About this church
It is likely that there was a church on this site in the 11th century.
In 1324 Hervey de Stanton, Chancellor of England and Lord Chief Justice, founded Michaelhouse College and immediately ordered the rebuilding of St Michael’s church, in the decorated style. Hervey de Stanton died a year later and was buried in the then unfinished chancel.
The Master of Michaelhouse College had been installed as vicar; the college used the south chancel aisle for its chapel and Gonville Hall used the north aisle.
Two centuries later the Master of Michaelhouse and Chancellor of the University, John Fisher, opposed the reformist measures of Henry VIII, an opposition which later led to his execution. Henry’s reforms included Michaelhouse and King’s Hall in the Dissolution of the monasteries, and their lands were combined for the building of the magnificent Trinity College.
For nearly 350 years St Michael’s continued as a parish church, and in 1908 was merged with Great St Mary’s. In the mid 1960s the interior was converted to serve as a church hall for the parish. Though expensive, the conversion was not successful; critics thought it detracted greatly from the 14th century church while also being expensive to maintain.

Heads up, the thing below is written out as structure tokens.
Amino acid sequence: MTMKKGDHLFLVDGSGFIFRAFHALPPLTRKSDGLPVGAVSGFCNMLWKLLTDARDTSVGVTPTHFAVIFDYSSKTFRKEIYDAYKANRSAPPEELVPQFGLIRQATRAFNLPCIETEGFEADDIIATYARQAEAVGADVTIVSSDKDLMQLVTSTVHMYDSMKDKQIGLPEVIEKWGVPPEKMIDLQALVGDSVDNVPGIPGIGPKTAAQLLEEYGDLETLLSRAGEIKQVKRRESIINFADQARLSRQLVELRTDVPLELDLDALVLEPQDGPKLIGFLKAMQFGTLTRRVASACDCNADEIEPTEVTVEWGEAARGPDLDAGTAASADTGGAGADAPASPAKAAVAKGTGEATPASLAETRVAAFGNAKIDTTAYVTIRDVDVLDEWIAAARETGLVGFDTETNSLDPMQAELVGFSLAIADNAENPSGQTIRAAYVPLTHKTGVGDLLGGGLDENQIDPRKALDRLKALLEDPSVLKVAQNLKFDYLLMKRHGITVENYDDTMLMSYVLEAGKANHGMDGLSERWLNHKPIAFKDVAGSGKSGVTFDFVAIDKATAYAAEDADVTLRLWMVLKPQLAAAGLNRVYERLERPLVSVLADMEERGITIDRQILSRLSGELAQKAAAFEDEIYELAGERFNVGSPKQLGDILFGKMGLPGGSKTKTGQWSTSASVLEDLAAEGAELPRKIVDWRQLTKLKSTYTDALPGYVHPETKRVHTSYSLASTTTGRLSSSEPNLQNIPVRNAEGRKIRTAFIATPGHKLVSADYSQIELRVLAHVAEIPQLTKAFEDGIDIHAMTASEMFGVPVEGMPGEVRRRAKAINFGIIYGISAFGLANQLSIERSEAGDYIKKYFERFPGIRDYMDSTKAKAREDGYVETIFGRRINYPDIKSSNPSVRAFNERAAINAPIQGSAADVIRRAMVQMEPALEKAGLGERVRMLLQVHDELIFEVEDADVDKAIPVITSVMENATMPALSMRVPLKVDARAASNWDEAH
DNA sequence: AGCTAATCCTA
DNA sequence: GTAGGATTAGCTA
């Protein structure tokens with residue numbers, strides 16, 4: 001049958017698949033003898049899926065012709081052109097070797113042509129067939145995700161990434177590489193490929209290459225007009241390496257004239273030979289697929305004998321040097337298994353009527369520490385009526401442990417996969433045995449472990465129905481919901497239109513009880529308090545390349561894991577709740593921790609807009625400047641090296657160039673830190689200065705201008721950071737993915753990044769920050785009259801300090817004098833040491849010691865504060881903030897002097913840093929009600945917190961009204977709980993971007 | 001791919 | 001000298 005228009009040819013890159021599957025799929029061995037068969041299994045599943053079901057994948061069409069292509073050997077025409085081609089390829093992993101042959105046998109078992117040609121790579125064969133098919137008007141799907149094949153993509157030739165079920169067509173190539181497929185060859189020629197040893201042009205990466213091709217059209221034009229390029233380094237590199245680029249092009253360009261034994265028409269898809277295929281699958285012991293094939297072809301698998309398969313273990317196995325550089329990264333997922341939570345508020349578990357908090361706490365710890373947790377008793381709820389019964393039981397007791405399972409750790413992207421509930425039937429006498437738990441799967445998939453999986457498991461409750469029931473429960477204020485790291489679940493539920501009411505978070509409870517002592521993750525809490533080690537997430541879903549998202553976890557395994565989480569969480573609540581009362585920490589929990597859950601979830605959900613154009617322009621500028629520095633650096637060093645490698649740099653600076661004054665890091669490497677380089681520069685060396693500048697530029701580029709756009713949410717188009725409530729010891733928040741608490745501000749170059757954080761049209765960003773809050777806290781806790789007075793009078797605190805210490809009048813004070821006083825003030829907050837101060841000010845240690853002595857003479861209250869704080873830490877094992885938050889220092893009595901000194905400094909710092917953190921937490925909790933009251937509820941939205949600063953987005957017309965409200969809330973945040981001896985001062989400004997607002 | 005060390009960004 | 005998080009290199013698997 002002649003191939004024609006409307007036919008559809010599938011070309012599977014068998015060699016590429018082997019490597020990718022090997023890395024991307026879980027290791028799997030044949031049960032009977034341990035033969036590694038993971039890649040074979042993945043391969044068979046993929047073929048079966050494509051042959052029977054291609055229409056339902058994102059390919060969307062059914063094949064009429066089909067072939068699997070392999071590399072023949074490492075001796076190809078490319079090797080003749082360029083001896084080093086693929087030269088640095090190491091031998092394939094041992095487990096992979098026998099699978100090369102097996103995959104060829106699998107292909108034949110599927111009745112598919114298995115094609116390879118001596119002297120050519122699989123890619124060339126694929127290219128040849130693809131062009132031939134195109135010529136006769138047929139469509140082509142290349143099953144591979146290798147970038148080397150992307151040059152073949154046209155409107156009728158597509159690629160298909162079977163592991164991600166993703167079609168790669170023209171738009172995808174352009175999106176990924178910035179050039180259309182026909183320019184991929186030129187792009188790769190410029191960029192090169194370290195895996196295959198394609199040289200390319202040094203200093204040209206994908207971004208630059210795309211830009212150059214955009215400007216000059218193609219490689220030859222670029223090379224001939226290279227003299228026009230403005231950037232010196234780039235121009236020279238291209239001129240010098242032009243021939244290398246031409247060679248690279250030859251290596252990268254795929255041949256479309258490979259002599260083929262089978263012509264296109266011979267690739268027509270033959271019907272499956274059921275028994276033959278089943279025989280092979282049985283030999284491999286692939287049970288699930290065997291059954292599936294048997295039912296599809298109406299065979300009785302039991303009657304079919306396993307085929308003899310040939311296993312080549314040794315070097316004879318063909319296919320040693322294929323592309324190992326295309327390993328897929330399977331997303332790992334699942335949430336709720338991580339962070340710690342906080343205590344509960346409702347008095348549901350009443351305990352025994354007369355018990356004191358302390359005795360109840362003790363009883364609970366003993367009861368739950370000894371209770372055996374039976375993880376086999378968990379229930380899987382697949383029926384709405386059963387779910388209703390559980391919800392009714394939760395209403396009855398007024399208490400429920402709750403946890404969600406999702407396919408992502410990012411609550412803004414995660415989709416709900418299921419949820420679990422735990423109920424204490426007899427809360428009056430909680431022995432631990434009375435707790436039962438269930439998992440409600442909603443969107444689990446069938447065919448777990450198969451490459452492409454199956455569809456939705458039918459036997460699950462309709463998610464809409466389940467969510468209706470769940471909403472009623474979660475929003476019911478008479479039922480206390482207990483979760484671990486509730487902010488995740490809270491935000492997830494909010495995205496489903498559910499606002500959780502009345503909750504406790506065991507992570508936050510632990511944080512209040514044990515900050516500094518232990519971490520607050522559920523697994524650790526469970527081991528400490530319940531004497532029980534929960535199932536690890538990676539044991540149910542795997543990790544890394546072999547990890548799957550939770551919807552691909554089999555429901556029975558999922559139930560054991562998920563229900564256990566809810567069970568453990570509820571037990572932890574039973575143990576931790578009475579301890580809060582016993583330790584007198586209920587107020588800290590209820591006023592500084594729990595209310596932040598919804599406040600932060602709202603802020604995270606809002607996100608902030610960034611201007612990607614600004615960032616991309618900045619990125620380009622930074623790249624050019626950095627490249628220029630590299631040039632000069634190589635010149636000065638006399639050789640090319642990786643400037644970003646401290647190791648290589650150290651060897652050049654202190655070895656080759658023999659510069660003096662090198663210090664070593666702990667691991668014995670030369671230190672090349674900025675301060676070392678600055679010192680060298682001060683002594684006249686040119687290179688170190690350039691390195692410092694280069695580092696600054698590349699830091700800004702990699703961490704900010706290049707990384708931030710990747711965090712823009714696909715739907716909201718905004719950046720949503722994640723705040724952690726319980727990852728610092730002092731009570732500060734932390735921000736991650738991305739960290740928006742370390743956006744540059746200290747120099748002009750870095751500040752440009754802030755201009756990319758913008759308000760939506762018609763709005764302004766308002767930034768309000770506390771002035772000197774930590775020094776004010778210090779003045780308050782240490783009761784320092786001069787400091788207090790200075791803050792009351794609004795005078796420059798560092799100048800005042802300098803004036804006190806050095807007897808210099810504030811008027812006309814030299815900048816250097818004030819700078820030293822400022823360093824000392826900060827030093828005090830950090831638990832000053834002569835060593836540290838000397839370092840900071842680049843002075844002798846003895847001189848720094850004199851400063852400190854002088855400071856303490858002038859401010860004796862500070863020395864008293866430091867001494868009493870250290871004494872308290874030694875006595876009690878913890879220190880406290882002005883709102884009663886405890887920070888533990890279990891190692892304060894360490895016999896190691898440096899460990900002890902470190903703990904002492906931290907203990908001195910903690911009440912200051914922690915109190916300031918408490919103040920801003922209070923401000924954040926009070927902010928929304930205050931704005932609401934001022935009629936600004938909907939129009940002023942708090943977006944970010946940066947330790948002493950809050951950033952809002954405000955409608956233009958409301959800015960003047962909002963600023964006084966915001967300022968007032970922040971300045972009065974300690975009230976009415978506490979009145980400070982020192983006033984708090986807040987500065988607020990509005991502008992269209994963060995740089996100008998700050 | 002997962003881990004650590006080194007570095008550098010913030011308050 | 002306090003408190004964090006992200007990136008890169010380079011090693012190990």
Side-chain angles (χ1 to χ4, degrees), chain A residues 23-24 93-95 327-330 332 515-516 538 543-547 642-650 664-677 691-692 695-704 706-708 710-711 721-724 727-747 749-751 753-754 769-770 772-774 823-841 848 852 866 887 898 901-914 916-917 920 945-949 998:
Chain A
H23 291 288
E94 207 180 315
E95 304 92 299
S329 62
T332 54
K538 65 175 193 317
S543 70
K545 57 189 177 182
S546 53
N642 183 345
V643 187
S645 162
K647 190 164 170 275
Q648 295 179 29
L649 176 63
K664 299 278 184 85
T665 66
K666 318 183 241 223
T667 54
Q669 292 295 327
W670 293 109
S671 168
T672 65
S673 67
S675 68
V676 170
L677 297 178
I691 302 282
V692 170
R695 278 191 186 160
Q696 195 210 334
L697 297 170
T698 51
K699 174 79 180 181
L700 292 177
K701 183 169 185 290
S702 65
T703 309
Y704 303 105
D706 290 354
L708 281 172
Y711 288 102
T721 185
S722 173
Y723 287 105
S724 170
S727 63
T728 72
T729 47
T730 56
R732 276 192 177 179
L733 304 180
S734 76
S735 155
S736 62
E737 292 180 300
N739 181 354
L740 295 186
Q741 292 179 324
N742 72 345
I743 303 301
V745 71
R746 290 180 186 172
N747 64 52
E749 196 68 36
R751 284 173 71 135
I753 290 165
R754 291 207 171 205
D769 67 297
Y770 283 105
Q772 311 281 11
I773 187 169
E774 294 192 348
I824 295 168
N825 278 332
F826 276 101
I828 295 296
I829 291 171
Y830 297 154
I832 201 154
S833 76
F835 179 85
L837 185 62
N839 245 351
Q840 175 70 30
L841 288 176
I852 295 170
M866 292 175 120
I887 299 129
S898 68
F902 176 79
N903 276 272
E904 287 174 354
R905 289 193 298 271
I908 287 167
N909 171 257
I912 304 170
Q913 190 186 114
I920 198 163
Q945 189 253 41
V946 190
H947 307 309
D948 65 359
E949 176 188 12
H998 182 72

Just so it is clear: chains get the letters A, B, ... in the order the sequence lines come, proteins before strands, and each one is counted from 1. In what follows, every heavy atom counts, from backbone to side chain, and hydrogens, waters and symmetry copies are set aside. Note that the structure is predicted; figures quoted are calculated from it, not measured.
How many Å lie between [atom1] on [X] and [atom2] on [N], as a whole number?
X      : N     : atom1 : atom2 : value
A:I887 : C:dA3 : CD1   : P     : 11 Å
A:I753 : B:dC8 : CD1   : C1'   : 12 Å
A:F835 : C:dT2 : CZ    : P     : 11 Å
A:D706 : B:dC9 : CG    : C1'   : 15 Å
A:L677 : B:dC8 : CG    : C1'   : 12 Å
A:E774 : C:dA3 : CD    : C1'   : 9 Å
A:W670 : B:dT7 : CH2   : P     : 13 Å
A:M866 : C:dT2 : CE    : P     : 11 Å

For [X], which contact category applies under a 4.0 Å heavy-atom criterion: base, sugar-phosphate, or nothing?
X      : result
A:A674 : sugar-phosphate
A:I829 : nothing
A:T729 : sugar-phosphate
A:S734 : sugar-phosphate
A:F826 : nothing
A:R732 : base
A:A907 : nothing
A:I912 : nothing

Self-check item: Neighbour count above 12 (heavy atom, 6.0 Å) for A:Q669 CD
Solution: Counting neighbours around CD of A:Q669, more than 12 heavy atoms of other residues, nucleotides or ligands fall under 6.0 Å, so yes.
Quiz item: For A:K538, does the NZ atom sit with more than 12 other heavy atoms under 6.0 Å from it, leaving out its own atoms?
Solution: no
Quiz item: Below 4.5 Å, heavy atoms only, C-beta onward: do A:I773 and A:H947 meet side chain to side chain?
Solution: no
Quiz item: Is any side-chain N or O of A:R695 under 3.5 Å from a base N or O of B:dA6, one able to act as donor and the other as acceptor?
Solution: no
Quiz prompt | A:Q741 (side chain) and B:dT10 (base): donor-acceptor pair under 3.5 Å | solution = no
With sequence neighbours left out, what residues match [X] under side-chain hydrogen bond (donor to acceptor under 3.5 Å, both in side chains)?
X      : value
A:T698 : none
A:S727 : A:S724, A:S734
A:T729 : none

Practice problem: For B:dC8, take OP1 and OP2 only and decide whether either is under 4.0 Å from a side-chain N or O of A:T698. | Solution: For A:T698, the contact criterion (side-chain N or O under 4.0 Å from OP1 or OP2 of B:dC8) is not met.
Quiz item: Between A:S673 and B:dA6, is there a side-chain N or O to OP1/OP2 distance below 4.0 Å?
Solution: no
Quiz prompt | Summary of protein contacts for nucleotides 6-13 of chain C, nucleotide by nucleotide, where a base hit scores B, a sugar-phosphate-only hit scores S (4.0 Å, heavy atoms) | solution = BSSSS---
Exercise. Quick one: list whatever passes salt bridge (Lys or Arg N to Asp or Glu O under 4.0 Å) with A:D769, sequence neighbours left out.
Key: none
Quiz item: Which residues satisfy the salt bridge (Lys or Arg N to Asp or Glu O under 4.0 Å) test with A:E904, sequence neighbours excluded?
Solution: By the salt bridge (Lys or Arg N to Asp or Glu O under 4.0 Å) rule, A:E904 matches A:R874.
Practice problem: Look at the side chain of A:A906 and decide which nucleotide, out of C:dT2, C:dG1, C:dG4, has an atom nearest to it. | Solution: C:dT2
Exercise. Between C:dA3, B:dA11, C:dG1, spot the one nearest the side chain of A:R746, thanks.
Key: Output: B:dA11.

A small wooden door in the corner of the entrance hall provides access to what was once a set of four bells and a ringing chamber. The bells were removed in 1951 and the tower is now not accessible to the public.
In 2000 work started on a second major conversion, seeking better to honour the fine historic building and with the aim of serving the wider community while sustaining itself financially. The conversion cost £1.3 million and the Michaelhouse Centre (full name The Michaelhouse Centre Cambridge Limited) opened its doors in November 2002.